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Beaufort has many historic homes, but perhaps few have a richer history than two houses in The Point neighborhood that were once owned by Robert Smalls, both of which soon will be available for buyers or renters.'
Raised as a slave in Beaufort, Smalls made a daring capture of a Confederate steam ship, the Planter, in Charleston in 1862. Smalls safely guided the ship, loaded with rebel artillery, Smalls' wife and children and 12 other slaves, past rebel forts and into Union hands.'
The Union government gave Smalls a $1,500 reward for his heroic act, and he later became a captain in the U.S. Navy, a state legislator and a five-term U.S. congressman.'
Smalls used some of his reward to purchase property throughout Beaufort, according to Historic Beaufort Foundation, including the home of his former master at 511 Prince St., where Smalls lived until he died in 1915.'
The 2,800-square-foot home, built in 1834, recently was restored by Beaufort-based Beekman Webb Construction. The current owners purchased the home as a restoration project and put the home up for sale through Lowcountry Real Estate about a year ago. The property is protected by an easement through Historic Beaufort Foundation, which prevents additions to the house or changes to its exterior. '
The nonprofit foundation is dedicated to the preservation of sites and artifacts of historic interest throughout the county.'
In the late 1800s, Smalls had a three-room cottage built toward the back of the Prince Street property. That cottage, initially used as rental property, would later become known as 508 Duke St.'
A fourth room was added in 1930, and minor upgrades were made in 1974 and 1984 after the home had been acquired by Smalls' great-granddaughter, Janet "Dolly" Davidson Nash and her husband, John "Boot" Nash.'
After Dolly Nash died in 2004 and John Nash died last year, the cottage was bequeathed to Historic Beaufort Foundation, which plans to restore the house and maintain it as a rental property. Maxine Lutz, spokeswoman for Historic Beaufort Foundation, said the Smalls-Nash Cottage is the first historic home to be maintained as a rental property by the foundation.'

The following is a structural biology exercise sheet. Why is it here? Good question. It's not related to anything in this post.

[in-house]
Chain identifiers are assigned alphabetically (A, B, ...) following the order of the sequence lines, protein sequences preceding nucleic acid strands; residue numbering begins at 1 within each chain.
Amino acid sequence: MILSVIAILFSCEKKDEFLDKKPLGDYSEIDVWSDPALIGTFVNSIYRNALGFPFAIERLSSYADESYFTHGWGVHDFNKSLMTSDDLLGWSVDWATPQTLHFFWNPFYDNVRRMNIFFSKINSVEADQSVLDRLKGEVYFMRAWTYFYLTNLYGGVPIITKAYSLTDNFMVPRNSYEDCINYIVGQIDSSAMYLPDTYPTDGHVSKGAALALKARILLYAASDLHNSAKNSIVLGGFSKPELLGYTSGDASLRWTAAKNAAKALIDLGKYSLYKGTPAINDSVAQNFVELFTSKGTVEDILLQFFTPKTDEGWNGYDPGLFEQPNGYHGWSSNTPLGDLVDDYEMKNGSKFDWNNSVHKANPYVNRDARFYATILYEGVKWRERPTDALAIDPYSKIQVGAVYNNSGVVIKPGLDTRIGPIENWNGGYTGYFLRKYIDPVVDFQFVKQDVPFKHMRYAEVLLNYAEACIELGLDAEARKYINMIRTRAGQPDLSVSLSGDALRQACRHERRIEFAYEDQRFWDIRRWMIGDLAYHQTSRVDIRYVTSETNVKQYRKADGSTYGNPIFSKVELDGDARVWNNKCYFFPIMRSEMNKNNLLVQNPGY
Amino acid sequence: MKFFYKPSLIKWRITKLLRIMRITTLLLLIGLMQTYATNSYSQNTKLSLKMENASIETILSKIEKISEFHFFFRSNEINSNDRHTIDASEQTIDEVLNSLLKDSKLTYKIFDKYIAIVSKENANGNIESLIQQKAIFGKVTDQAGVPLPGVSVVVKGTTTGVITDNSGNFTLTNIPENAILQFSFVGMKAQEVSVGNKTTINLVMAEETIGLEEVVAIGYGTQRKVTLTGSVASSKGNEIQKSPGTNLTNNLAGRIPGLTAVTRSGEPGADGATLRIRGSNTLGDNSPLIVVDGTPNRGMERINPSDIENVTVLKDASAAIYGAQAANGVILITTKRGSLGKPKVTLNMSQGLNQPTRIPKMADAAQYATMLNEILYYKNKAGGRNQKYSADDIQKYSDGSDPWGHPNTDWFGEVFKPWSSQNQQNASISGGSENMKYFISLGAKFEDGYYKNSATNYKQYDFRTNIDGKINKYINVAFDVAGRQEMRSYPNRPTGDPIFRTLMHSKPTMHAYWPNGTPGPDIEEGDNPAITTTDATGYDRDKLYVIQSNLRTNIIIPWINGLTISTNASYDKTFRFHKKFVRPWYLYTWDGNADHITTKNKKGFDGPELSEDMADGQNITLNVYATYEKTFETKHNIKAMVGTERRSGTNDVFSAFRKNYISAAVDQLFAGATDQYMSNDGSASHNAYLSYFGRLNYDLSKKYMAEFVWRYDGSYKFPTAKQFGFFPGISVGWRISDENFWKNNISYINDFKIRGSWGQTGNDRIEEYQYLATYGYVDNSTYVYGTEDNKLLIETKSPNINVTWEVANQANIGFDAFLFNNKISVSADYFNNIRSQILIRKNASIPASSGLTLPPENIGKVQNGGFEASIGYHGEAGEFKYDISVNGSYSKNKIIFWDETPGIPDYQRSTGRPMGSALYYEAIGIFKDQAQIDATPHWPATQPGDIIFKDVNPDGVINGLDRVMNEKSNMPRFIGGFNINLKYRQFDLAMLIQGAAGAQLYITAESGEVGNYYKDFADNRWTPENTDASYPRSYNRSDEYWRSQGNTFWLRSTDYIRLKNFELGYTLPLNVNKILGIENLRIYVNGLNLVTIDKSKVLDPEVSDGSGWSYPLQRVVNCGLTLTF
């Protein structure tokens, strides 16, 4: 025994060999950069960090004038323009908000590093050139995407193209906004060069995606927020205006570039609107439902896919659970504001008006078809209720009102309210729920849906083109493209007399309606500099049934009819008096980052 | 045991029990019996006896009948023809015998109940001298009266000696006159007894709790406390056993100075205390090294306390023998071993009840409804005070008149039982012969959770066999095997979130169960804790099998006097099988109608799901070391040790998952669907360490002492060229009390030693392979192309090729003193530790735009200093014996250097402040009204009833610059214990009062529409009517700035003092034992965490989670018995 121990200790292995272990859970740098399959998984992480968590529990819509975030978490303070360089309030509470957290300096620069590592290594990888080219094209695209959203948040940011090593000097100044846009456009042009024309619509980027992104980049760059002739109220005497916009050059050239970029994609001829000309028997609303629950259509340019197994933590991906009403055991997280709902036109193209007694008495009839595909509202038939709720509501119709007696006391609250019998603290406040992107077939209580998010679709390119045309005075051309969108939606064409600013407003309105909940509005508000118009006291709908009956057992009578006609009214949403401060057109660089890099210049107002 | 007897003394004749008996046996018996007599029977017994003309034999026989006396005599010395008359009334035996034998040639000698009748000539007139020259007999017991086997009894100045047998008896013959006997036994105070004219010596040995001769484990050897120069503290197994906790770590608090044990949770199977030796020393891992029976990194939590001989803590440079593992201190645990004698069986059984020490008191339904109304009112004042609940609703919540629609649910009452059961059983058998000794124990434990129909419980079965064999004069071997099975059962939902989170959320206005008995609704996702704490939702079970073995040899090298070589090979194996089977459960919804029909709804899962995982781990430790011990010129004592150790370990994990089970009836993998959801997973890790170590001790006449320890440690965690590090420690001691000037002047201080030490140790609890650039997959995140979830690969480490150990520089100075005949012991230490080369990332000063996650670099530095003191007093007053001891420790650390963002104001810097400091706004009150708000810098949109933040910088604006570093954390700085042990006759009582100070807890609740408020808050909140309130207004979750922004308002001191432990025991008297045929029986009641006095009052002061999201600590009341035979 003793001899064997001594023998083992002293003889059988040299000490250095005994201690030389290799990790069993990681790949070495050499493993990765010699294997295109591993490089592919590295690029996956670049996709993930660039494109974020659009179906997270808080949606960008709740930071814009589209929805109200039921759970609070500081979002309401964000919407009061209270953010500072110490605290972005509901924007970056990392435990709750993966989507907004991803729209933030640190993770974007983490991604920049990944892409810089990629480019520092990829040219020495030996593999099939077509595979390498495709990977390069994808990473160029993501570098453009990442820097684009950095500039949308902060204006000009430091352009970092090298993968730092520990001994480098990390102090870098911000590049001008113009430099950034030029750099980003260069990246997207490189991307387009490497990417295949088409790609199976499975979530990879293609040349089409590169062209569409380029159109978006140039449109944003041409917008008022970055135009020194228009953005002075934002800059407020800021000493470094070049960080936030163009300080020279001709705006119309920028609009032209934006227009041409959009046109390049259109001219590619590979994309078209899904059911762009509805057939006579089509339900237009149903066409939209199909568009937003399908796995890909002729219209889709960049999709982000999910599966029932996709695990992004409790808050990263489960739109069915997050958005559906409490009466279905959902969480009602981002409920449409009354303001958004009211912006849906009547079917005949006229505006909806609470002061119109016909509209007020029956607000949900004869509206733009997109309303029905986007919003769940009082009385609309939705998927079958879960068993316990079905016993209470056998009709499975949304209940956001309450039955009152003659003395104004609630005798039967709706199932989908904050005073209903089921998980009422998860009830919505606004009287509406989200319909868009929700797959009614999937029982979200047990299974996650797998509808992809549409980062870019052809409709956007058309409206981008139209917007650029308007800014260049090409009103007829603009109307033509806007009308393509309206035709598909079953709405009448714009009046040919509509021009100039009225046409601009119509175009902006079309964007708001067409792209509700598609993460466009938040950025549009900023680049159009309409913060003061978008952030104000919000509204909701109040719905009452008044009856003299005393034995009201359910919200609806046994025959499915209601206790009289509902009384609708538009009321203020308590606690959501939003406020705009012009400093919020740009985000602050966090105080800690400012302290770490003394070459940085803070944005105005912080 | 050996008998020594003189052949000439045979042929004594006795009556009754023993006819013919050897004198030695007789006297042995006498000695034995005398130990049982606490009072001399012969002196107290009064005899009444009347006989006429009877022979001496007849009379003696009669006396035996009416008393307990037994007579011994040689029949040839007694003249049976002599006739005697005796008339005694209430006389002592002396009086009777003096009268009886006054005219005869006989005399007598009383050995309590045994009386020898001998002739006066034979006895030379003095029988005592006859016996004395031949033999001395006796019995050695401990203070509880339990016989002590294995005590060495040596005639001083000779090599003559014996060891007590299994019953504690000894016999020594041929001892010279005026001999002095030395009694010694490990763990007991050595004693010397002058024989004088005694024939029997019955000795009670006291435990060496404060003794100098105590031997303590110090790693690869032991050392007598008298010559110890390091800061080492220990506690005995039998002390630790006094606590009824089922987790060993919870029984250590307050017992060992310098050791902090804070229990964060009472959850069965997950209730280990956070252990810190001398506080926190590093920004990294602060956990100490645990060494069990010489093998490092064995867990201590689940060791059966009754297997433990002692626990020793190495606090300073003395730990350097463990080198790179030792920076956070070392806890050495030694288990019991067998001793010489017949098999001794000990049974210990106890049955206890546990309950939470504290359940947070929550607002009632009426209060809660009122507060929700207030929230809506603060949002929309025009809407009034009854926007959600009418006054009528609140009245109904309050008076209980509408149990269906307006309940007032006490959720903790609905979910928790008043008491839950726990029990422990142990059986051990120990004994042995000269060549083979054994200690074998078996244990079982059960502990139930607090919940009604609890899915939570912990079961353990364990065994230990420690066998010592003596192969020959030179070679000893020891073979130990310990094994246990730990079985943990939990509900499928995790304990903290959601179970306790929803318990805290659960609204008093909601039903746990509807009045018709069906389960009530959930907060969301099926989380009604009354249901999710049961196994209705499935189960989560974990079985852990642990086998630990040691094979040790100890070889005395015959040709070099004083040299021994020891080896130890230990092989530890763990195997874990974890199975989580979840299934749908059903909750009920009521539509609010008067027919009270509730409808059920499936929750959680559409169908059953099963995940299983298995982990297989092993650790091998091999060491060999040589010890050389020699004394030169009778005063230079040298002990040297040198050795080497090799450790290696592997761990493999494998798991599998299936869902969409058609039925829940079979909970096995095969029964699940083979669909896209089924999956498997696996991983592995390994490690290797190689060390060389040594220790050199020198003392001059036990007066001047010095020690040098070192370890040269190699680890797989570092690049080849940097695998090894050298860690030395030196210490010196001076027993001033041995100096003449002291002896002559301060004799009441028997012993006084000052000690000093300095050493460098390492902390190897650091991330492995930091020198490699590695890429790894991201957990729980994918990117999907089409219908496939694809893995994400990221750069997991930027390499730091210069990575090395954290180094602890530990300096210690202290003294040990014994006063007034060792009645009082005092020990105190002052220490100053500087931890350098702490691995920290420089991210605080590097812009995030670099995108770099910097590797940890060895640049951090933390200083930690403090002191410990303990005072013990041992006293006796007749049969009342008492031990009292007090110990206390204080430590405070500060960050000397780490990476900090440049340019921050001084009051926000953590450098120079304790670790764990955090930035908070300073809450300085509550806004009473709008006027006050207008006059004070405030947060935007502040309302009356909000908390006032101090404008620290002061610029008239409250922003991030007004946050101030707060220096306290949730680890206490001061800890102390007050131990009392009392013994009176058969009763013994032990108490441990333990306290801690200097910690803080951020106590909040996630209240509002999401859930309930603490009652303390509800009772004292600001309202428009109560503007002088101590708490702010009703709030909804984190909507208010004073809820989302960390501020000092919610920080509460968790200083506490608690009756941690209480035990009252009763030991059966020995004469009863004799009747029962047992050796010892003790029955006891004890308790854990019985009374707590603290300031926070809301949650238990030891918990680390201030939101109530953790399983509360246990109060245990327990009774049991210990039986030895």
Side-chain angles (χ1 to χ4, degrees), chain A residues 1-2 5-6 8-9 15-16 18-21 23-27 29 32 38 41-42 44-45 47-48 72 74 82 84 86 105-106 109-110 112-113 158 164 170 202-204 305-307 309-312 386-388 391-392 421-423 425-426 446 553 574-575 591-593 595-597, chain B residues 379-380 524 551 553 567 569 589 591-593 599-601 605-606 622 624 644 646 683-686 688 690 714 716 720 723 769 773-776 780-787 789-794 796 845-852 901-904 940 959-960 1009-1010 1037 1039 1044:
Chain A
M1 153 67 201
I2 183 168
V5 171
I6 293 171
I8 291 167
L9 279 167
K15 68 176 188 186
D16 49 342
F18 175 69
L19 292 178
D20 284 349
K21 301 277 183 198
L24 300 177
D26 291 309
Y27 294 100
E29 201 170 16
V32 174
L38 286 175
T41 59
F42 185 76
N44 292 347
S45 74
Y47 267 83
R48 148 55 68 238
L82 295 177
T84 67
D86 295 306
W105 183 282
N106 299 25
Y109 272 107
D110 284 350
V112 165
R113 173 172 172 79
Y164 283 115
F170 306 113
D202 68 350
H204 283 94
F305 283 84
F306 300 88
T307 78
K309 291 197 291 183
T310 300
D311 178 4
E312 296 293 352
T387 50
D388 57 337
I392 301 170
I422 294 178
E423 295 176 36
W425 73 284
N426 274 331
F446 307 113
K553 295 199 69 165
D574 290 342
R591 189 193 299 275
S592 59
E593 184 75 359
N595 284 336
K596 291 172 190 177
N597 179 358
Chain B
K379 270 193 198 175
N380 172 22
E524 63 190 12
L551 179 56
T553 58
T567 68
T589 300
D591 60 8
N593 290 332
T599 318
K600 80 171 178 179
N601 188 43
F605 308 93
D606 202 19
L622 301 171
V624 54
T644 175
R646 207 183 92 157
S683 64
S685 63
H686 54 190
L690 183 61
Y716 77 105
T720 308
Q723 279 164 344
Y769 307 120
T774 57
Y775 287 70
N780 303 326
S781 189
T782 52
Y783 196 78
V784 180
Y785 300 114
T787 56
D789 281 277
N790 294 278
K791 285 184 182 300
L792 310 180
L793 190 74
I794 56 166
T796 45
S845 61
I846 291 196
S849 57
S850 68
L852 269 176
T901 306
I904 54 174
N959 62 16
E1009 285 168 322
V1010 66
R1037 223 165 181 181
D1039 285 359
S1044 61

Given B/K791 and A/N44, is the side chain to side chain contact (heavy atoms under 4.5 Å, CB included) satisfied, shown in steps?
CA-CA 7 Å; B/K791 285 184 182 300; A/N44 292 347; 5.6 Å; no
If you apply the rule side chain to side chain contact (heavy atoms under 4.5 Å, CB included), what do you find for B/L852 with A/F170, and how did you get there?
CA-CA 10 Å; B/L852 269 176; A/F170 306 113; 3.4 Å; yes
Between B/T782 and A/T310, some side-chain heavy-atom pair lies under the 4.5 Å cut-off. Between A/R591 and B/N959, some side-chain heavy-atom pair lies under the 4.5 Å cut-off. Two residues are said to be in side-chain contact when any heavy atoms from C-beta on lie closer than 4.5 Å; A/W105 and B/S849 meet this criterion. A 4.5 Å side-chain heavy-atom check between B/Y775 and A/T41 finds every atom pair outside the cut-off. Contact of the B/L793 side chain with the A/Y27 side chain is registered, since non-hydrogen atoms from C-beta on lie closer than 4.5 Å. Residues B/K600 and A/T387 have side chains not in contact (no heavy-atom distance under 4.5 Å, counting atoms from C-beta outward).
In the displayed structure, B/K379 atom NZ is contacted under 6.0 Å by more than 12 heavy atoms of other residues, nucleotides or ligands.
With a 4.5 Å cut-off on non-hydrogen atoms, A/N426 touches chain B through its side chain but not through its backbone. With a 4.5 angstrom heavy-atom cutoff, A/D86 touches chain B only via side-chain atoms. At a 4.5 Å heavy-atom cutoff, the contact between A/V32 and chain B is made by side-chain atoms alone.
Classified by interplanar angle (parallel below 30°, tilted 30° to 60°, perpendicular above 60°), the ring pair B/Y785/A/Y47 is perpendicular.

"Dolly Nash's intent was for Historic Beaufort Foundation to have it, knowing that we would protect it and preserve it, making sure Robert Smalls' legacy survives," she said.'
Lutz said the organization will ensure that Smalls' name remains associated with the cottage in perpetuity, and it may be featured in the foundation's fall tour of homes. However, the property will not become a museum.'
The foundation has not determined rental details, except that the property will be used a residence, not a commercial property. '
Evan Thompson, executive director of Historic Beaufort Foundation, said the cottage, which has plaster walls, a fireplace and simple details, is "a simple house with an important story to tell as part of Beaufort's complex history."'
Largely because of Smalls, Lutz said, black people in Beaufort County were able to exert greater influence over government than blacks in other parts of the South after the Civil War.'
"When Reconstruction really had ended across the country in the 1870s, it really didn't end here until (Smalls) died in 1915," she said. "He was such an important leader from the end of the war until 1915." '
Dolly Nash's grandmother and great-uncle were among the passengers on the Planter in 1862, when Smalls led his family to freedom.'
"The greatest story told to me was about my great-grandfather, Robert Smalls," Dolly Nash told The Gazette in 2002. "My grandmother, Elizabeth Smalls Bampfield, would tell us (grandchildren) about her father, and I would always listen."